During this live webinar, we will discuss the potential applications of scleral lenses in the pediatric population and the required setup, starting from the initial selection. Attendees will learn the following medical applications: traumatic eye injury, corneal scarring, pediatric keratoconus, pediatric ocular surface disease, pediatric aphakia and keratoplasty. We will highlight the knowledge and skills to improve audience confidence in fitting scleral lenses in kids for the management of different ocular pathology.
Lecturer: Dr. Boris Severinsky, Optometrist, Emory Eye Surgery, USA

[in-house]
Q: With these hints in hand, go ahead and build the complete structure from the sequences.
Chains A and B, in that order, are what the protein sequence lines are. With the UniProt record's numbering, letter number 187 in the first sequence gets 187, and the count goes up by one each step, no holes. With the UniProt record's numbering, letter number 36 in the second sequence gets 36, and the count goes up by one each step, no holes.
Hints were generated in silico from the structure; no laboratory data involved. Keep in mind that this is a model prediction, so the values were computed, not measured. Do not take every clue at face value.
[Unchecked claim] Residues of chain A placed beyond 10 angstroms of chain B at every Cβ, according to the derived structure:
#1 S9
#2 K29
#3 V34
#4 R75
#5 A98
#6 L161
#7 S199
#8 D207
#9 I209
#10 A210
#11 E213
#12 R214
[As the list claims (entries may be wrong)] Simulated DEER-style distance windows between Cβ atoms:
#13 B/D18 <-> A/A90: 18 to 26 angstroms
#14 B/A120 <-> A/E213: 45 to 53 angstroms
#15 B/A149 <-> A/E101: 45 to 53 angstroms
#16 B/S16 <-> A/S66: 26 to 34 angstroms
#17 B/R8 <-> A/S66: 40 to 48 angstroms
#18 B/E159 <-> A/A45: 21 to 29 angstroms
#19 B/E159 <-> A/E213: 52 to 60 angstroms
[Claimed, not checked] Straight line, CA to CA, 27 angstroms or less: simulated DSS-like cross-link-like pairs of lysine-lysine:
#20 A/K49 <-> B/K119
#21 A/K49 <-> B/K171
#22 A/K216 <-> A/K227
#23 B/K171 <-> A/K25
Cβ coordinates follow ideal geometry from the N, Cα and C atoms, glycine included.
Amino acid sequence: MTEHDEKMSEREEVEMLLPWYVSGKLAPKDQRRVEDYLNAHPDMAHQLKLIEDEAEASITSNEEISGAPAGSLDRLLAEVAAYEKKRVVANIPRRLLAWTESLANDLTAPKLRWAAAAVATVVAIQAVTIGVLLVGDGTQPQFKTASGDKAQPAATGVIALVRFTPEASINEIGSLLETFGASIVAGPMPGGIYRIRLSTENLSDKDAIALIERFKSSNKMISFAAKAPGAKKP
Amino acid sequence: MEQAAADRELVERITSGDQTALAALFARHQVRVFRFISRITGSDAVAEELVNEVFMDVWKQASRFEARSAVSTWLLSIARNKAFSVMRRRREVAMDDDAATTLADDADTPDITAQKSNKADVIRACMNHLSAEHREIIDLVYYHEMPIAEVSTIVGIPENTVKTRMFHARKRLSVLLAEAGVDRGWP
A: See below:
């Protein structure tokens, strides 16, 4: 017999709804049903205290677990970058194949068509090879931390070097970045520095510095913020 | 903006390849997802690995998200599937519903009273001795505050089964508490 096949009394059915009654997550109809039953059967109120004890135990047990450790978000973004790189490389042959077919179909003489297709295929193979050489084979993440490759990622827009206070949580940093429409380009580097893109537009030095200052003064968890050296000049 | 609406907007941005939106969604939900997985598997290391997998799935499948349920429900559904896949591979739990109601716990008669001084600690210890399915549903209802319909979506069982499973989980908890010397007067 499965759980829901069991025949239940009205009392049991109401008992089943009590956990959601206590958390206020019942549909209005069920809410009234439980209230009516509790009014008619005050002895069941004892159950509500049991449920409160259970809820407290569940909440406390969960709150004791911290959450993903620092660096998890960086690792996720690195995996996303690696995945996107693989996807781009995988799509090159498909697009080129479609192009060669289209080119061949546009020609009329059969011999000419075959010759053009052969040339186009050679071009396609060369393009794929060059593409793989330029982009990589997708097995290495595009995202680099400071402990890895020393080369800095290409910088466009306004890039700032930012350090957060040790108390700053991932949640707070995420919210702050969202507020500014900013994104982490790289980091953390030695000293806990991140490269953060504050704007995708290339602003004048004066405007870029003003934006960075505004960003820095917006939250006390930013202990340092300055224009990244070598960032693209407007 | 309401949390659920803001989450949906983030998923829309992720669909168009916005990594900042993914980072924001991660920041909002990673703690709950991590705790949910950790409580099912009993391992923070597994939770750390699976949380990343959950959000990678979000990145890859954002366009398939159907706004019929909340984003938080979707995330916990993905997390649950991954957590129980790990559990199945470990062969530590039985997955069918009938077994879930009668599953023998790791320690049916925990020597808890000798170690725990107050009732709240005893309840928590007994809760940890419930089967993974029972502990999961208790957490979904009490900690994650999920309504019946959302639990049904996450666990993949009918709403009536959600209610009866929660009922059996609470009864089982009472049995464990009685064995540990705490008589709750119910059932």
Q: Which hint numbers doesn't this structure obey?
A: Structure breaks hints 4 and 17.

>> Good morning. I am Boris Severinsky from Emory Eye Center. I’m the chief of specialty contact lens service there. Today, we will be speaking about applications of specialty contact lenses and particularly scleral contact lenses in children. What do we know so far about scleras in children? I will go over this briefly, the literature. Basically up to date there are some studies about scleral lenses. Both of them were done on a prosthetic device, a large scale lens used for treatment of surface disease. And most of these reports come from [inaudible] of sight. And looking at the reports of the statistics, they are entirely for disease treatment like keratitis. These studies look — it’s a large group of patients. It’s hard to speak about large groups of patients when you see scleral contacts in children. But of course, to talk about patients under 15 years old. And to break down the studies is similar. So there was majority that were treated for ocular surface indications and about 13 to 15 percent were ocular — vision correction, like keratoconus. In recent publications from the last few year, one from USA and one from Iran, the studies look at smaller scleral lenses. The break down was a little bit different. In these studies, the majority of, almost half of the patients, more than half of the patients were treated for vision rehabilitation for cases like keratoconus or corneal scarring from penetrating injuries and 40 percent were treated for ocular surface disease. This didn’t show any evidence or evidence of keratitis which is good. So, why do we do sclerals in kids. For pediatric keratoconus which can be prevalent in different partings of the worlds. And traumatic eye injuries and support and hydration of the ocular cell surface. It’s also found to be useful in, after congenital cataract surgery and pediatric keratoplasty. In this presentation, I will bounce back and forth between the cases and the literature. And one of the studies, the Emory study on contact lenses in kids, I just wanted to share again, the design of the study was a retrospective chart review that lasted about two years. We did treat 24 eyes of 18 patients and all of them were under the age of 15. And the age break down was from 16 months to 14 years. The mean age of the treated group was about 11 years. So our groups were almost similar. We had 14 eyes are irregular cornea and — surface disease. Here is the age break down that you can see. We had one patient that was 16 months old. That’s the age that we started scleral lens fitting treatment. Now, let’s talk a little about what is available and what are the available types of scleral lenses for children. We will be talking about sealed contacts which is the vast majority now versus fenestrated scleral lenses. We will speak about how to pick up and choose the initial lens. If it’s better to use a base curve selection or sagittal depth selection. Of course, the size of the lens and the peripheral system of the lens, how do you make it stay over the patient’s sclera. And of course, what is the best way to put this lens in. As most of you know who is familiar with scleral lenses, there is a particular way you put it in the patients eye. With kids this can be challenging. Just briefly about what is scleral lenses and again it’s a large diameter, rigid, gas permeable contact that is fully supported by the sclera and doesn’t have any contact with the patient’s cornea. It also clears up the limbus and maintains a liquid reservoir between the lens posterior surface and the surface of the cornea. Lens is divided into three major zones. Optical zone which is the base of the contact lens. It shows refractive correction. The transition zone connects the optical zone with the landing zone. And the landing zone fits over the sclera aligned to the center and supports the lens. Speaking about different types, so looking back maybe 30, 40 years ago, scleral lenses just started. Most of the lenses were fenestrated. I don’t know who is familiar with that design for optical measurement. Basically, it’s a large diameter rigid lens that has a little fenestration hole. And this lens is inserted dry. You don’t need a liquid to place this lens which may be helpful in little babies or in cases where we cannot really keep a consistent face down position to insert the lens. The disadvantage is actually very much complex fitting. You have to do multiple adjustments and modifications. And right now, a very small number of labs that will be able to produce such a lens. And also the cost will be significantly higher. In cases of young children with pediatric aphakia, it may help because insertion of this lens is very easy for parents. Fenestrated lenses have optical fitting which is a corneal fitting of the optical zone or the scleral zone. The same idea for a regular contact lens, a scleral lenses lens to prevent contact with the cornea. To maintain healthy tear reservoir and of course, not allow the bubbles that come through the fenestrated optics to be big enough to block the site and cause desiccation. This lens is dry. It is a flushing of natural tears throughout the fenestration that improves oxygen levels to the cornea. Now, the contemporary scleral lenses are all sealed. You don’t see any fenestration of the lenses. At the moment, the lens is inserted basically very minimal to almost no tear exchange in between the surface of the lens and the tear reservoir and the surface of the eyeball. The advantages, it’s a huge amount of manufacturers and different designs available. Basically, there are all sizes from 13.2 mm up to 20.2 and larger scleral lenses. There is a lot of designs to modify the landing zones and optical zones with different additive things like [inaudible] micro — and there is a number of modifications. You can also, because the lenses have small diameter which is easier to handle by parents or children, kids by themselves. Disadvantages. Again, lens handling. It has to be inserted with saline and both parents and the child have to learn how to do that. The other disadvantages is the suction effect because of the fully sealed lenses. Sometimes if the landing — is fitted too tight to the sclera, it can cause suction and removal can cause emotional distress of both the parent and the child. How do we decide which lens should go in the patient’s eye? You can see the child for a corneal topography. But very often it’s hard to obtain a good measurement. Basically all of the decisions in very small kids are by looking at the profile of the cornea, or the profile of the eyeball which is easier to assess in very, very small kids. So it’s maybe based on external assessment. And we can differentiate between trauma patients and ocular surface disease patients. Usually in surface disease patients, we prefer to go with a larger lens to allow for better coverage and for healthier tears underneath the lens. In regular cornea patients, smaller lens will be good to get started. Remember, basically after the age of 7, the size of the cornea in children will be basically similar to the size of the adult size cornea. So in pediatric keratoconus — the regular size of the adult lens and we can — sagittal and the diameter. So as we said, the most rapid phase of corneal growth is from birth to about age of one and a half years. Cornea still changes and basically we can count the millimeter of change from age of one to age six or seven. Eyelid position and size of the palpebral aperture comes into your decision about the size of the lens. A rule of thumb is maybe starting with lenses up to 14 mm in diameter for ages 1 to 2. And then basically increase the size by 1 mm steps for every 2 years. As the child’s cornea reaches adult size, age 6 or 7, you can go with lenses of 16 mm and even larger. So just an example of 7 years old wearing a 16 mm lens in case of post HSV related corneal scarring. You can see the lens could be handled pretty easily. How do we — the lens. We can differentiate the landing of the lens speaking about tangential type of scleral curves or radial scleral curves. Tangential scleral curves, it’s easier to assess a good fit using the lens outs of the box. It’s basically a straight line with the patient’s sclera. The advantage of tangential landing curves is to reduce suction of pressure over the eye of the patient’s sclera. When we use the radial curves, that is usually [inaudible] depending on the size of the scleral lenses and depends on the design of the lens. But basically, manipulating the curves and as you can see here, this is an example of one of the lenses, you can see the difference in curvature throughout the landing. But the curvature of the sclera, you can create almost elliptical or spherical or optical surface but also following the size of the sclera precisely. What do we do regarding the materials? Of course, we will aim to use the most gas permeable materials. It’s called hyper DK materials. Every manufacturer now using a DK of 7 or higher for that are contacts. It’s common to get optimum [inaudible]. New materials that came recently have a decay if I’m not mistaken of almost 160 which makes it even higher. So the most readily available material I believe now is Boston XO2 but optimum provides slightly better oxygen flow. You may find wettability issues especially in teenagers and young kids that are prone to blepharitis. And lower decay materials might behave better because of the lower silicon percentage inside of the lens material. You can downgrade the material to lower decay going back to more — loss. Trying to solve this problem. Or a special coating may be applied to the lens. We can address the blepharitis in the patients trying to treat the surface first before we do material changes. How do we set it up? What do we use inside of the room and — basically it’s not different from fitting scleral lenses in adults. But there is a little bit of difference I would like to discuss. You need an extended trial set. You don’t want to use a scleral lenses with a power of minus 2 on someone who needs probably plus 16 or plus 20. Also, you should prepare the parent and the patient to what is about to happen because definitely the lens itself — even if you show it to an adult person, the lens itself looks pretty much stressful looking. The size. And especially so for a kid. They’ve probably been through surgery or ocular trauma and it can be very much emotional. So you have to be quick and address it carefully. What we usually do in cases that we cannot use a slit lamp, I very much like the blue pen light that helps to assess the lens immediately. For little kids, older than five I will say, you can do what I call dynamic OCT. They probably won’t be steady enough to stay long to assess a good image. But you can at least look at the screen or take a screen shot of the lens with your cell phone to review it later. Older kids can sit for a corneal OCT later on. I believe this child is about two and it’s easy to take an external photo using your cell phone just utilizing fluorescein and blue light. I just showed a little bit about the lens parameters. Always try to extend the set. Manufacturers will give you this. Some companies, I understand around the world you may be using local manufacturers. So I’m just releasing the ones that are available in the US. But most of the manufacturers today can bring all type of lenses from different places. You can always work with the local labs instructing them what exactly do you need and what diameter you would like to use. So it’s all adjustable. But you see a small diameter material and it can be done as small as 13.2 mm in the case of Essilor. For pediatric keratoconus or teenagers, you can do with an adult size lens. And high plus and high minus lenses are also very much useful. And don’t forget retinoscopy. Sometimes if you do — over a contact lens it will give you misleading information or just will be difficult to access. So retinoscopy in children with contact lenses is a must. How do we apply the first lens? Usually I like the parents to keep the child in their lap. I will show the lens. I will just basically do a short demo trying to apply the lens to a parent’s eye or bring it close enough to a parent’s eye to give them an idea what is going to happen. We do use a type of comfort drops. It’s a diluted version of ocular anesthetics. It’s diluted to 25 or 30 percent of the concentration. It doesn’t sting as much when you apply it but it provides a numbing effect for 5 or 10 minutes so you can insert the lens easier for the first time and prevent refractory tearing. We do use heavier fillers rather than saline. You can use everything preservative free like Celluvisc plus saline. You can tilt the lens but they still will feel it when you put it in. We do a flying baby technique for small children. The parents hold the child with their back up and just trying to move it back and forth and you just have to follow the child who is carried by the parent trying to put the lens in. Be fast and be quick and use the surprise factor. Just speaking to the child or the patient and let the parent know to bend the kid’s head over and down. Just in this example, I show you a video. Of course, she is not happy but that’s all. It’s done. So the quicker you are, the easier it will be going and then you can start your exam. So again, we touched a little on using some anesthetic before you put your first dry lens or diagnostic fitting. It also will help you to assess the prescription better because it eliminates tearing. And you can see the fluorescein pattern better. Use of a phone or tablet to make the child engage. You can put on a video or a cartoon to watch during the insertion. I like to put the tablet on the floor. Just maybe playing a cartoon or video and basically the parent will bend the kid’s head down and I will put the lens in. Be careful when you pick up your first measurement. It’s hard to tell what to use immediately. But maybe just go for it if you don’t see significant distortion to the corneal profile, go with the lower size lens. If you have too much sag, you might have some suction to the eye. And when you take it out, it can be very much emotional for the kid and especially the parents may be under significant distress when they see the practitioner cannot remove the lens. Try not to use too many measurement lenses because the child may not be cooperating for that long. I’m trying to get the fit from the first lens and even if the fit is not ideal, at least you know the prescription because you know the base cup of the lens and the retraction and you can adjust it later. Let’s touch on some cases. Going back to our study, almost 50 percent of our patients are patients with pediatric keratoconus and it can start very early in life. I believe one of the studies I read was 7 and a half years old with a significant case of KC. It’s more prevalent in the Middle East and areas where there is allergy conjunctivitis. You will see more prevalence of keratoconus. The reason probably is eye rubbing. Because the child’s cornea is softer than an adult cornea, because it’s higher turnover of collagen, it also may be responding to deformation of more, more type of it, more response than an adult cornea. Of course, no rubbing — the parent and the children has to be educated about no rubbing. Of course, because the cornea is softer and the progression is faster, you can see more scarring or more prevalent cases of keratoconus. So the sooner the kids are educated about no rubbing, the sooner we do any type of supportive procedures that we’ll discuss in a second, will be greatly appreciated in keeping the child’s vision stable. So it’s a case of 11 years old. No history of eye rubbing and had KCN for 2 years. We did do a trial fitting in the office. Actually the vision was corrected pretty good to 20/30. He is a little borderline I would say for cross linking. So here are the options. Maybe partial corneal transplant or full corneal transplant. Still trying to cross link contact lens assisted or epi off or on. So they fit the scleral lenses and this kid was cross linked a year later because he still kept progressing. I think this is very important statement by Chatzis and Hafezi ten years ago. They found that progression of keratoconus occurred in majority of the cases. There is no need to wait until the cornea gets worse and they have more scarring. Just a case of corneal follow up and progression follow up. You see in 12 years old female with mono-ocular disease, she did progress every few months. So a year ago it was 51 in the center and now it’s 53.3. And here uncorrected vision also dropped from 20/40 which is functional to 20/200. Again, speak about rubbing. No rub no cone. That’s a famous statement now. Another case of 12 years old from our cohort, my own study. He had allergies and rubs his eyes. The vision is bad since the age of 10. Glasses never fit him. You cannot do anything with the refraction. There is a prescription of 85 depth of the cornea. Not a good candidate for cross linking. Cannot tolerate RGP. He cannot stand his eye because he is so [inaudible] centrally. The next step, you place a PK or try a scleral lens first. The decision was to try scleral lenses, hold off the PK and he did great. His less deeper eye was 20/35 and he continued with the scleral lenses. Going back to our study. The mean keratoconus patient was 64. 7 diopter. Most had severe forms of the disease. They could not wear glasses or regular contacts and they did great with the scleral lenses. Also in four eyes with very advanced disease which K max of 75, the use of scleral lenses is obviated the need for keratoplasty. Keratoplasty can be a risky procedure. And the vision was corrected in 6 of them. Cross fitting and scleral lenses were fitted. The same applies here to pediatric keratoconus. The progression will be faster in pediatric KC. They should go through cross linking first and then scleral contact lenses should be fitted. Okay. Again, just discussing the risk and benefits of scleral PK and all of the studies show that the cross linking and scleral lenses are shown to decrease the rate of PK in keratoconus and same applies to pediatric patients. Another case from our study, he is 13. He had sudden onset of keratoconus and presented with corneal hydrops and DM rupture. He managed with hypertonic saline and steroids and cycloplegics. This is an acute presentation, of course, but it left him with a relatively small or medium sized corneal scar. But despite the scar, his vision was corrected to the initial acuity because of the flattening effect. You will find this especially in kids because the cornea is softer, the scar flattens the cornea and over time the scar also became less dense, like fading of the opacity and then we can achieve good visual acuity with the scleral lenses. Speaking about special population. We can also, special populations may be like down syndrome in kids with autism may have higher rates of keratoconus. This kid, one eye the vision was lost because of dense central scarring and hydrops. In the other eye, the parents were able to apply a small scleral contact lens and using a gel filler instead of regular saline. They were able to put it in without making him bend because they couldn’t make him bend. And again, we use dynamic OCT to assess the imaging throughout the exam without being able to capture it but at least you can take a picture with your phone and see it. Down syndrome, she is not really young but just to emphasize, again, scleral lenses could be easily worn in patients with — delay. If you have good support you can do these. Another example of a different scleral lens, it’s soft scleral lens. It utilizes a scleral support and if you can see it here, this lens is smooth, right. See the fenestration and actually the oxygen can move through the holes. This lens stays over the sclera and has minimal but still tear — this lens can be inserted dry. We can fold the lens and insert the lens folded under the upper eyelid. Here is a patient, again, with Asperger’s syndrome. He was rubbing his eyes from allergies. He was cross linked but should not achieve good vision because he cannot handle scleral lens insertion because of the complexity of the insertion. The fillers and the liquid and all the suction cups. We did try the soft scleral lens which he didn’t need to put liquid inside and he can get, he can wear that contact lens which is great. Speaking of PK. What do we need in PK. We need a good oxygen transmissibility of the oxygen. We need ventilated fit. You’re interested to get liquid underneath the lens and bring more oxygen to the cornea. Just another video. It’s not really sealed lens. They’re trying to go a little larger here but after the lens being in the eye for about an hour, you still can see some oxygen, some tear flow under the lens. So we can increase the oxygen levels. One of our patients with pediatric PK, this is a more complex case I would say. It’s not very typical. Four weeks old and huge dermoid. Underwent multiple surgeries and surface reconstruction and a patch and graft to recorrect the retinal surface. And after he healed he underwent optical PK. And this is how the eye looked after PK. It’s a huge [inaudible] on retinoscopy. Every attempt to place a lens was unsuccessful and it kept popping out. Just before giving up, we tried a small diameter scleral lens and it can stay and we can fully address this astigmatism. There are challenges in placing this lens. He had an episode of rejection but still we were able to take care of the optical correction and he is doing great. Another case, he is 11. This is trauma. He has traumatic glaucoma that is under control. And he can handle his lens by himself. He is 11 so it’s an adult size scleral lens. After two years, the graft cleared up which is great. Penetrating eye injuries, it’s very common. It’s very common and mostly affects boys as I may have mentioned. Most of the injuries, perforated injuries of the cornea — in the studies and I want to go briefly through some of the cases in our studies. So this child is 8. Corneal laceration resulting in corneal scarring. Irregular astigmatism. In his case the — is about 54. He also had cataract surgery and corrected visual acuity is 20/100. After scleral lens fitting, even with this huge scar he is 20/25 with the lens which is great. Another case of a ruptured lobe due to fall. He is aphakic. There is retinal detachment resulting in irregular sclera. You can see scarring. We did a fit of a large diameter lens and he is corrected to 20/40. So basically it’s very, you know, being aphakic and seeing the scar is the best way to [inaudible] the contact lens result before doing any combined type of surgery. Another case of corneal laceration from a sharp object. She is aphakic. The lens was expulsed. You see how heavy the scarring is. She didn’t heal well. And the wound was dehisced and it was re-sutured. And she has dry lenses. So we did four but maybe more than 20 training visits with her parents who were fine with getting the lens in and see how bad the cornea looked but the vision acuity is 20/40. In this case, again, it’s hard to tell even [inaudible] goes through PK, how the vision will be. But she is 7. She is 20/40 with contact lens. We do patching of the other eye to prevent anything else. And maybe for the next ten or 20 years the lens will work. Going back to our study, basically in almost all cases of penetrating injury of scleral lenses eliminated the need for PK. Another case, aphakic scleral lens. 4 weeks old. Congenital cataract. Already has megalocornea. Fitted with a RGP after cataract removal. Age of 6 months, the lens pops out from eye rubbing. And refitted with a 15.20 diameter lens and they are doing well. Of course, we need to overcorrect children. Again, just children in these ages, the scleral lens insertion and fitting is [inaudible] Of course, we will keep them slightly overcorrected. Working on the power slowly in keeping with the other eye. And probably the final few cases of pediatric ocular surface disease. We do see young patients with graft versus host disease or Steven Johnson’s syndrome or exposure keratoconjunctivitis due to eyelid surgeries or acoustic neuroma surgeries. We see many cases of blepharokeratoconjunctivitis. There is vision defect. Most of the cases prevent with a corneal opacity or irregularity. And speaking about our study. 8 patients were below the age of 10 which makes contact lens and scleral fitting challenging. We had three patients with NK. Mean visual acuity is 20/60. Again, let’s not forget amblyopia in this age is also a cornea opacification. But we could continue the scleral lens wear. It was a bit shorter because of the inflammatory nature of the condition. So it was shorter in ocular [inaudible]. All of them showed an improvement of the surface. And all of them the vision was improved. And no one showed any cases of microbial keratitis in our study. Probably most interesting case here she is six in 2020. And she had this nasty HSV keratitis of the central cornea. Of course the surface is very dry. There is stromal scarring with irregular astigmatism. That doesn’t change the scar. So she was fitted with a scleral lens that improved the dryness and the surface appearance. The vision is 20/40 and doing patching of the other eye. Look at the picture from 2020 and go to 2021 using scleral lens for a year. The opacity looks lighter and less dense. And then we go to 2022 and look how the cornea looks now. Just going back for a second, 2021, and 2022. There is some pigmentation in the literature also. And of course, the vision improved. There is some adulation in the literature that, I’m just giving this one for a similar appearance. But this is important to talk about. This report from Boston Sight showed improvement of corneal scarring in patients with Needham and Steven Johnson syndrome. Think about the protection affect and constant hydration, probably decreased the inflammation over the cornea. And the use of a lens may help the cornea, probably to have faster keratocytes or collagen exchange of the cornea. The scars in kids usually get better over time. Again, it’s maybe a natural process or a process that happens from the use of a scleral lens. Probably both are true. But we definitely see scarring improvement for patients using a scleral lens. There are a few cases of blepharokeratoconjunctivitis. This is pretty common. When the disease is active, it should be addressed with a steroid and eyelid treatment first. We do start scleral lenses early in these patients. Even if it just shows some signs of improvement for protection and separation of the patient’s cornea from the eyelid. And of course we give them prophylactic antibiotics. The scleral lenses serves as vision correction. In the time I still have, I will go through a few cases. So BKC, 9 years old tearing and photophobia from the age of 9. The condition worsened and presented with worsening surface. The vision was significantly decreased. Both sides has central opacity. We started scleral lenses and in 3 months she didn’t show any changes to the appearance of the gross surface and vision improved to 20/40. Another case of 8 years old recurrent chalazion. Going for a long time. She is on Restasis and doing all the surface treatment. On and off steroids and azithromycin for 2 years. Decreased corneal sensation. And central scarring and of course decreased visual acuity. And pretty much distorted topography. We did the scleral lens and the cornea improved and just bouncing back to show you this type of scar density before we started with the scleral lenses. And this is how it looked now. The vision is good. And she is able to handle insertion and removal of the contact lens. And very last one I would like to share, I just want you to see this video of the Steven Johnson’s syndrome patient. I believe he is 10 now. Look how easy he can do this. He has been doing it for at least last two years. Boom. It’s in. Speak about scleral lenses in kids, of course, it’s challenging and of course it requires time. But it is very appreciated. It’s a great treatment for both vision restoration and protection of the corneal surface. As you just saw, improvement of the corneal surface. It just needs time and proper education of both the child and the parent. And this patient will pretty much appreciate it. And let’s go to our Q&A: I have a question about minimum corneal thickness to proceed with the scleral lens. I don’t think there is any limitations for corneal thickness. If the cornea is compact and you don’t see an epithelial defect, you can proceed and have a scleral lens put safely on this eye. No other questions? Disadvantages. I will say it depends probably depends on the country. Some places the cost might be debilitating. Again, I can speak from the US experience, the coast might be debilitating and very often insurance companies won’t cover scleral lenses. Maybe you need to, it may take time to — a learning curve requires some time to learn how to — the lenses. Sometimes it’s more complex especially in the sclera has a pretty significant asymmetry. It can take time to learn how to fit it correctly. But again, comparing scleral lenses with gas permeable contacts, the main advantage is comfort. Also again speaking about the surface disease, it’s protective properties. Sometimes there in the initial cases of keratoconus, scleral lens might not allow visual acuity because of absence of full corneal contact. So sometimes we need a flattening effect from the rigid lens. I see over the last 20 years, especially as the lens fitting moves from rigid gas perm to scleral lenses and patients that are wearing specialty soft, many of them now wear scleral lenses. There is a question about Rose K semi-scleral lens. I believe the diameter is 13 or 13.2. So basically, it’s fitted over the peripheral cornea. [inaudible] minimal limbus and it doesn’t have the full support over the sclera. So it still has liquid reservoir and separation over the — cornea but it has some kind of contact over the [indiscernible] cornea. Limitation of scleral lenses. You cannot use on a surface that is really inflamed or you have a patient with PK with badly functioning endothelial cells. If you do put a contact lens on a PK patient and see edema or any beginning of swelling after maybe 30 or 40 minutes. I usually like to leave, when we do fit a post PK patient in a scleral lens, I tend to leave it longer in the eye to see how the cornea will respond initially. If you see any edema after about an hour, it’s a no-go. Probably a rigid lens would be a safer alternative. Yes, we can use scleral contacts for corneal scars. So basically, if the cornea had healed and again, the — is intact, it’s for vision rehabilitation. It will be a good option because it’s not just vision correction. It’s very often, again, just the presence of the lens and the bandage effect from the liquid behind the lens can help the scar fade away. The question is minimum age. One of the patients in our study was 16 months old. We do have two years old now. The aphakic patient. But basically, again, as long as you have parents that can able to perform insertion, you can definitely fit it. Just a minute. How long can we keep the lens in. For surface disease patients, it may be a bit trickier. So if they can do 8 hours and the eye looks quiet and clean and not making too much mucous. No increase in inflammation. We usually recommend to do it for 8 hours and then take it out if there is an option to take it out. If the child is at home and the parents can do it. Clean the lens and put it back in. If they can do 10 to 12, that is wonderful. Keratoconus patients, less is needed. If they need it for 12 to 14 hours for school, do it. We still need probably 14 or 16 as the max. But you have to work with the patients closely to see how they respond. How long does a scleral lens last? Ideally change it every 2 years or 2 and a half years. Not because of the changes to the lens shape or prescription probably will hold. The oxygen transmissibility, usually it will lose 50 percent of oxygen transmissibility goes down after two years. If you have a patient with corneal transplant, change its more often. If you have a stable keratoconus patient, the cornea looks good, the lens looks good, you can do 3 to 4 years. It may help to repolish the lenses. Many of them with keratoconus will have any type of allergic response with mucous. So if you can do some lens polishing, it may help to expand the durability of the contact lens. But again, I would say after 3 years it’s better off to change it. I’m just trying to go through these. No, the same question about corneal scarring. Yes, we also see the same in adults. That’s what makes — [inaudible] in adults the collagen turnover is slower than in children: But we still see fading of the corneal scars. Question about scleral lens for keratoconus. I believe Cybersight can address this question. Scleral lenses now, I believe it’s globally available. I’m hearing reports and looking at the literature and the reports now are coming from everywhere about using scleral lenses. So very good question about IOP and scleral contacts. It’s never been really proven with a large-scale study that the IOP goes significantly up. Most of the studies done on healthy subjects. The lens is placed and most of them, even the studies that show increased IOP, it’s very insignificant. About one point. So I will say it’s more about fitting of the scleral lens and not just the presence. If you do have a contact lens, it’s so tight around the limbus and you really see how does it make all the — all the limbal scleral and limbus cornea to come up because of the lens suction effect. So you can do some changes to the trabecular meshwork, at least temporarily because of the pressure effects. It’s more about not the modality but how the lens is fitted. What should we take for fitting — curvature. You don’t need the corneal curvature. It’s mostly about the elevation. You can base the lens fitting on the — it’s basically observation. And again, taking measurements may be challenging. That is why your external observation of the corneal profile will be much helpful. Again, use of fluorescein, use a pen light just to have an idea on how bright is the fluorescence so you can decide if you need to go closer. Some children of 3 or 4 years old can sit for a slit lamp exam. Antibiotics. It depends, if it’s just a surface disease with a punctate staining and we use a scleral lens, we do prophylactically one of the fluoroquinolones like Ciprofloxacin. One of the advantages of moxifloxacin, it’s preservative free. You can put a drop of Moxi inside of the scleral lens bulb. Steps in starting the scleral lens service. It depends where you practice. Different countries have different labs. But it’s ready everywhere. I believe you just have to talk to your regional scleral lens manufacturer to see what is available and many companies import products from Europe or the US. Over glasses, what is the advantage of scleral lenses over glasses. Sometimes you cannot just correct vision in glasses because the cornea is so distorted from corneal scarring or keratoconus. It will just improve, visual acuity more significantly. Okay. Advantages of scleral lenses over night. Yes, if there is a significant or non-healing defect or in patients mostly adult patients with pemphigoid disease or bad cases of Steven Johnson, we do use the modality of wearing the lenses day and night. Any type of exposure where you cannot really protect the cornea during the bedtime. We do use two lenses. The same lens, they wear one lens throughout the day. Take it out. Put it but the cleaning process. And they use the second lens that has already been cleaned to do it for bedtime and then vice versa. Of course they do prophylactic antibiotics in those cases. So we do not — we do pro-vied ortho keratology in our clinic but we don’t do it on kids because of safety. All right. I think we are good with everything. Maybe if you have maybe a minute or two, I just wanted to show you, I just put it inside of the presentation but how you can actually improve, I’m going back to sharing my screen. Oops. I just wanted to show you a little bit — a small tool what we can do for your patients. Especially kids trying to improve it. Improve the comfort of the contact lens. So I believe you do some modification in the office. We do roll and polish edges on all contacts. But this is just an example of a scleral lens and it’s important for everyone, adults, but definitely for kids to get the best initial comfort. Very often when they come from the lab, the lenses, they will have inter-displaced or knife-edge looking apex. It might be a bit too much for a child, the emotional distress and comfort levels to feel good about this type of edge. If you just roll this edge through a regular polisher, see how round it is now. This can remove a lot of discomfort on the patient’s eye. And again, speaking for both adults and children. So just maybe a little tip. And again, we did speak about the challenges so I will stop my share here. Maybe the last question, age, not really so it depends on the condition. If you need to use it for a case of aphakia or somebody with corneal transplant at very young age and the child cannot hold glasses or the surface of the egg is so much you can’t do glasses, in some cases there is no other option. I think we can stop here. Right. And thank you so much for your attention. I apologize for my voice. But I hope it was helpful. Thank you.